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4 complicated work area to control owing to the multiple done under the close, on-scene supervision of transportation tracks. Two systems in the study have track configura- or operations department supervisors or managers from the tions that appear to be three- or four-track mainlines but rail transit agency. actually are two running tracks separated or paralleled by one or two siding or "pocket" tracks. These allow RESEARCH METHODOLOGY storage of revenue trains between peak periods or of work equipment without returning it to end-of-line yards. Literature Review The operating rules on these systems require trains and equipment using these tracks to move at restricted speed, As part of the initial research, a literature review was con- permitting the operator to stop when anyone or anything ducted to identify available, relevant documents and resources. is observed fouling the track. The review used an array of web-based search tools, includ- · Shared-use ROW. A significant variable in the develop- ing TRB's Transport Research International Documentation ment and implementation of work zone safety measures database, which integrates more than 900,000 records of is whether track runs along an exclusive-use ROW or transportation research from TRB's Transportation Research on the street in mixed traffic. Shared-use ROW introduces Information Services (TRIS) database and the OECD's Joint a host of additional complications and considerations in Transport Research Centre's International Transport Research protecting employees from not only train movement but Documentation database. The researchers also reviewed also mixed, rubber-tired vehicular traffic. relevant, open-source documents available from the NTSB, the U.S. Government Accountability Office, and FTA, includ- ing research, academic, technical, guidance, and training docu- Operational Factors ments produced by the Volpe Center, the Transportation Safety Institute, and the FTA University Transportation Centers. This Operational factors are system characteristics that introduce or process also utilized advice and direction from panel members, compound a hazardous condition through continuous train or APTA staff, rail transit system safety professionals, and rep- equipment movement, and energized traction power, including: resentatives from rail transit-oriented labor unions and the Transportation Trades Division of the AFL-CIO. · Train speeds. When trains or equipment are operated through work areas at normal or close-to-normal speeds, The search revealed several investigative or analytical track workers are constrained in their options and ability reports that examined specific incidents and organizational to safely clear the "foul area," and operators are limited or systemic issues in the public transit industry and the FTA. in their stopping distances. The reports issued by the NTSB or the U.S. Government · Daily hours of revenue service. Revenue service hours Accountability Office primarily provided detailed insights into vary from system to system. Systems often shut down incident root and contributing causes for some accidents, revenue service overnight for approximately 4 h. This recommendations for changes in FTA oversight and data man- service cessation provides a work period for track, com- agement practices, or suggestions for organizational measures munications and signals, and traction power employees to improve overall system safety practices and cultures within to perform inspections, repairs, and replacements that the transit agencies addressed in the report or investigation. otherwise would be performed during normal operating hours. Also discovered in the search were a number of technical · Train headways. The variable headways between systems, and academic research papers, trade publication articles, and as well as between different lines within one system, trade association reports that focused primarily on railroad-- affect the design and implementation of effective prac- as opposed to rail transit--ROW safety practices. Also, many tices to protect workers. of these resources were generated abroad, most typically in the United Kingdom, and focused on rail operations in that Panel discussions and some of the initial agency interviews and other European or Asian countries. These were usually explored ways in which emergency responders are addressed developed by academia, industry, or partnerships and tended in ROW safety programs. All the systems in the study offer toward technical rather than practice-based issues. some form of "ROW Hazard Awareness" training to all police, fire, and emergency medical services agencies serving their The two primary domestic resources identified in the system. However, the systems do not offer extensive ROW review were the CFR (Code of Federal Regulations) 214, protection training because operational practices or rules Subpart C--Roadway Worker Protection, which is the regu- typically dictate the suspension of service and operations lation governing maintenance-of-way practices on all rail lines once an emergency response agency enters the ROW. During under the oversight of the FRA, and the "Standard for Work prolonged periods of service disruption, agencies may work Zone Safety," developed through industry consensus, by cooperatively with the police, fire, or emergency medical APTA. The APTA standard--as with most industry standards services officers to provide them with safe operational zones regardless of sector--provides high-level, conceptual guide- while starting limited service, but these activities are always lines for what should be included in rail transit system work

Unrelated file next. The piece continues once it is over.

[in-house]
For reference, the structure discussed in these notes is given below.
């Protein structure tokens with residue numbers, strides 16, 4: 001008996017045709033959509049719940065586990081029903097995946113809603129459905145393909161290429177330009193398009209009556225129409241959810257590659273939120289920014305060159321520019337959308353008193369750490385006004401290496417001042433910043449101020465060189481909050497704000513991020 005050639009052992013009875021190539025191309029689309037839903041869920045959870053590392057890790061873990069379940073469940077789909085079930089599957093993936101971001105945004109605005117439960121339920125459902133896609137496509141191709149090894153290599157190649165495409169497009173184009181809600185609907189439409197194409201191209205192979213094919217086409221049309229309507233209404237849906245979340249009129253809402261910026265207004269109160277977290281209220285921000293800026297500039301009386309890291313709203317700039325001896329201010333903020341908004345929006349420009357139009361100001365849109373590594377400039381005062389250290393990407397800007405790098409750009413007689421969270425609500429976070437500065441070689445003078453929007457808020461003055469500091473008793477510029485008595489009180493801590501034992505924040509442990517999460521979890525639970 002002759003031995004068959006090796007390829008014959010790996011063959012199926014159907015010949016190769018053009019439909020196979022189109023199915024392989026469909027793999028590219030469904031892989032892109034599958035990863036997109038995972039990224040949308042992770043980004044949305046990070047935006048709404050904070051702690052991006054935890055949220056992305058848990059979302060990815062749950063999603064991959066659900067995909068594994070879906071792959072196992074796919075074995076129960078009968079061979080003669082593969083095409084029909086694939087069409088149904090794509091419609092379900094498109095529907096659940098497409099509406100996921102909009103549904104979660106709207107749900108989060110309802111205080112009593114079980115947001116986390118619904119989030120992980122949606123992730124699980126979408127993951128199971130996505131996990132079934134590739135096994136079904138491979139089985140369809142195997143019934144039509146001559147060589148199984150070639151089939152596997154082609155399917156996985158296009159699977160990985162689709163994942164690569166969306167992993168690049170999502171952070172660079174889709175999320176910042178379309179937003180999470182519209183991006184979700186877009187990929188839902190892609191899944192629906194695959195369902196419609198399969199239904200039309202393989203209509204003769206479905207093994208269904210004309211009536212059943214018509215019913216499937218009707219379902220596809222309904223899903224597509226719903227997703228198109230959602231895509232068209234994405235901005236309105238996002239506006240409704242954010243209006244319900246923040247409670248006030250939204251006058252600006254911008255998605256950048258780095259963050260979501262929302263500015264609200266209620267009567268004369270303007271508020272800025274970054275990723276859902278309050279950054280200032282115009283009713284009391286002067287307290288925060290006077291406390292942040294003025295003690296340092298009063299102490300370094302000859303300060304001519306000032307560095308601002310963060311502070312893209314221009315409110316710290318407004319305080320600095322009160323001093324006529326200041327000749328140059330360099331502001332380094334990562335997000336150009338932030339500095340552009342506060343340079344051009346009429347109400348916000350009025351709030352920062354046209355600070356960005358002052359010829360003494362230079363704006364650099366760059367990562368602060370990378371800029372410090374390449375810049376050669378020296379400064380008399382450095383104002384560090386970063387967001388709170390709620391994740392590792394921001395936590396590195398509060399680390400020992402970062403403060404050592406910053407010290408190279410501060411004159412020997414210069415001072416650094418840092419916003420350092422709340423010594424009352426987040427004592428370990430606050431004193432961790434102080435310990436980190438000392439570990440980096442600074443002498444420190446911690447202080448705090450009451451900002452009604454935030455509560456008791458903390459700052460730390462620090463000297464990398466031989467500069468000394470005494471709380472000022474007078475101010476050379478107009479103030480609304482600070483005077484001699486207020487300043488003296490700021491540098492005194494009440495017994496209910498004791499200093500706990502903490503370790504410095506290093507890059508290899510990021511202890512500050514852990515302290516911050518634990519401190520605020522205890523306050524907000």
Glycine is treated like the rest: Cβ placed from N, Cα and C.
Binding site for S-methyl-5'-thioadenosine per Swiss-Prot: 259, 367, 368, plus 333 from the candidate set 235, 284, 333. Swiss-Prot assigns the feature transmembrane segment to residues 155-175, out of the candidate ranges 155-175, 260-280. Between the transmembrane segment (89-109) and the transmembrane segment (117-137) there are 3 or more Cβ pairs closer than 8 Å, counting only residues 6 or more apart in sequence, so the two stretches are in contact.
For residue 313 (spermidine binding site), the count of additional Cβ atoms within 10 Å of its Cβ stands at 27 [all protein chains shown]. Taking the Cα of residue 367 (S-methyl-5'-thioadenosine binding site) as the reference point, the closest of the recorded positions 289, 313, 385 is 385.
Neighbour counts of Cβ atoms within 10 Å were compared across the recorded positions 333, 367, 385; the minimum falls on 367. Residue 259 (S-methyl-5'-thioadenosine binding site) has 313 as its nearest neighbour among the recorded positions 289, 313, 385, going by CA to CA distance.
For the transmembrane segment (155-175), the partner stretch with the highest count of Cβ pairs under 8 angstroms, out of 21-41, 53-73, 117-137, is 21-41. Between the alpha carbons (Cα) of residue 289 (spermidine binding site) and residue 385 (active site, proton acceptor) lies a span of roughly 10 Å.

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5 zone safety rules and procedures. It does not provide detailed New York City Transit (NYCT), Maryland Transportation information or prescriptive direction for developing rules, Administration (MTA), the Toronto Transit Commission practices, training courses, or other ROW worker protection (TTC), and the Southern New Jersey Light Rail Transit System program components. Likewise, CFR 214 Subpart C provides (River LINE) operation. These systems were selected with direction relative to complying with the regulation. It does thorough input, guidance, direction, and suggestions from not offer guidance for developing a track worker protection the project panel to ensure that, within the scope and resources program. A third document that is in development is another of the project, the sample set would represent a range of APTA standard, entitled "Roadway Worker Protection Pro- modal, operational, demographic, size, and historical charac- gram Requirements." The draft version of this standard closely teristics, including a spectrum of organizational, cultural, and follows the 214, Subpart C regulations relative to levels of environmental factors. Within this group, two of the largest protection, types of protection, and terminology. and oldest rail transit systems in the United States and the oldest in Canada provided a perspective on approaches to Apart from post-incident reports, which tend to focus on addressing large, complex track maintenance operations in bad practices that caused or contributed to an accident and systems with little or no downtime and minimal headways. therefore should not be used, the literature review found They also offer insights into how the systems, and the ROW minimal resources that could be employed in developing such safety practices and rules, have evolved over time and through elements as rules, practices, personal protection equipment unfortunate incidents. Initial discussions with panel members (PPE) requirements, communication guidelines, core equip- identified that "maintenance windows" in which track inspec- ment needs, or training courses, of a comprehensive rail transit tions or maintenance can be done, are the biggest challenge ROW worker safety program. in scheduling and in protecting track workers. By including systems with little or no "maintenance windows," including NYCT, which operates 24 h a day, 7 days a week, the study Transit Agency Interviews and Site Visits would identify practices for affording protection in the most challenging situations. Three of the systems also demon- Extensive consultation with project panel members deter- strated how multi-rail modal systems adapt and modify mined that a survey method of research would not provide rules to fit the needs of each operation or line. One system, the appropriate level of detail to the study. Although a survey MBTA, has adopted the rail ROW practices for maintenance- would have helped identify broadly which systems had track of-way (MOW) employees on its new bus rapid transit line and worker protection processes and specific rules, it would not tunnel infrastructure. Lastly, two systems that operate lengthy have provided the needed breadth and depth of relevant and growing light rail systems, MTA and the River LINE, information on successful practices. Focusing in detail on a have built track worker safety programs on existing Federal sample of systems would allow for greater exposure of the Railroad Regulatory guidelines to establish an effective MOW procedures and practices used, as well as the experiences and protection program and comply with FRA rules. lessons learned in developing and implementing track worker protection program elements, including work rules, training, The literature review and site visits also revealed a lack of and technology. Panel members and TCRP staff determined standardization in terminology. Some systems use the terms that an acceptable and more effective research process for "flagman" or "flagperson" and "watchman" or "watchperson" this project would be to develop case studies that focused to define positions with different duties and responsibilities, on four to five systems that would participate in the study and some of the systems use the terms interchangeably. The through face-to-face and telephone interviews, host research term "right-of-way" or "ROW" is also defined in varying ways. site visits, and provide extensive materials for review. These Some systems define or establish ROW as an area that is a set materials included rule books; training programs; work orders; and consistent distance from either the center of the track or bulletins; policy and rule change orders; agency work forms; the outside rail. Other systems define it as the area from one and specifications for PPE, warning and flagging devices, and edge of the ballast to the other; the property on which all of other technological devices or infrastructure modifications. the track, power, signals, and other wayside equipment and The site visits were used to conduct face-to-face meetings with structures are located; or from wall-to-wall or fence-to-fence. all levels of relevant personnel and to observe track worker Some of the definitions are applicable primarily to heavy protection practices firsthand, from off the ROW. Witnessing rail systems that have fences or walls separating the tracks flagging and work-site procedures in practice helped illustrate and supporting systems from public spaces. These definitions, the manner in which policies and rules regarding flagging, however, would not be appropriate for many light rail systems PPE, warning devices, and general track-level work practices that run through public streets or on at-grade ROWs that are are synergized to provide an effective track worker protection not protected by fences or other barriers. Another area of program. a rail transit system that is called by multiple terms is the zone that rail equipment occupies when moving down a Ultimately, the five systems that provided materials, track. On some systems, this is part of the broader ROW; on participated in extensive interviews and site visits, or both were others it defines the ROW. Termed "the dynamic envelope" the Massachusetts Bay Transportation Authority (MBTA), on some systems, this area or zone is where anyone or anything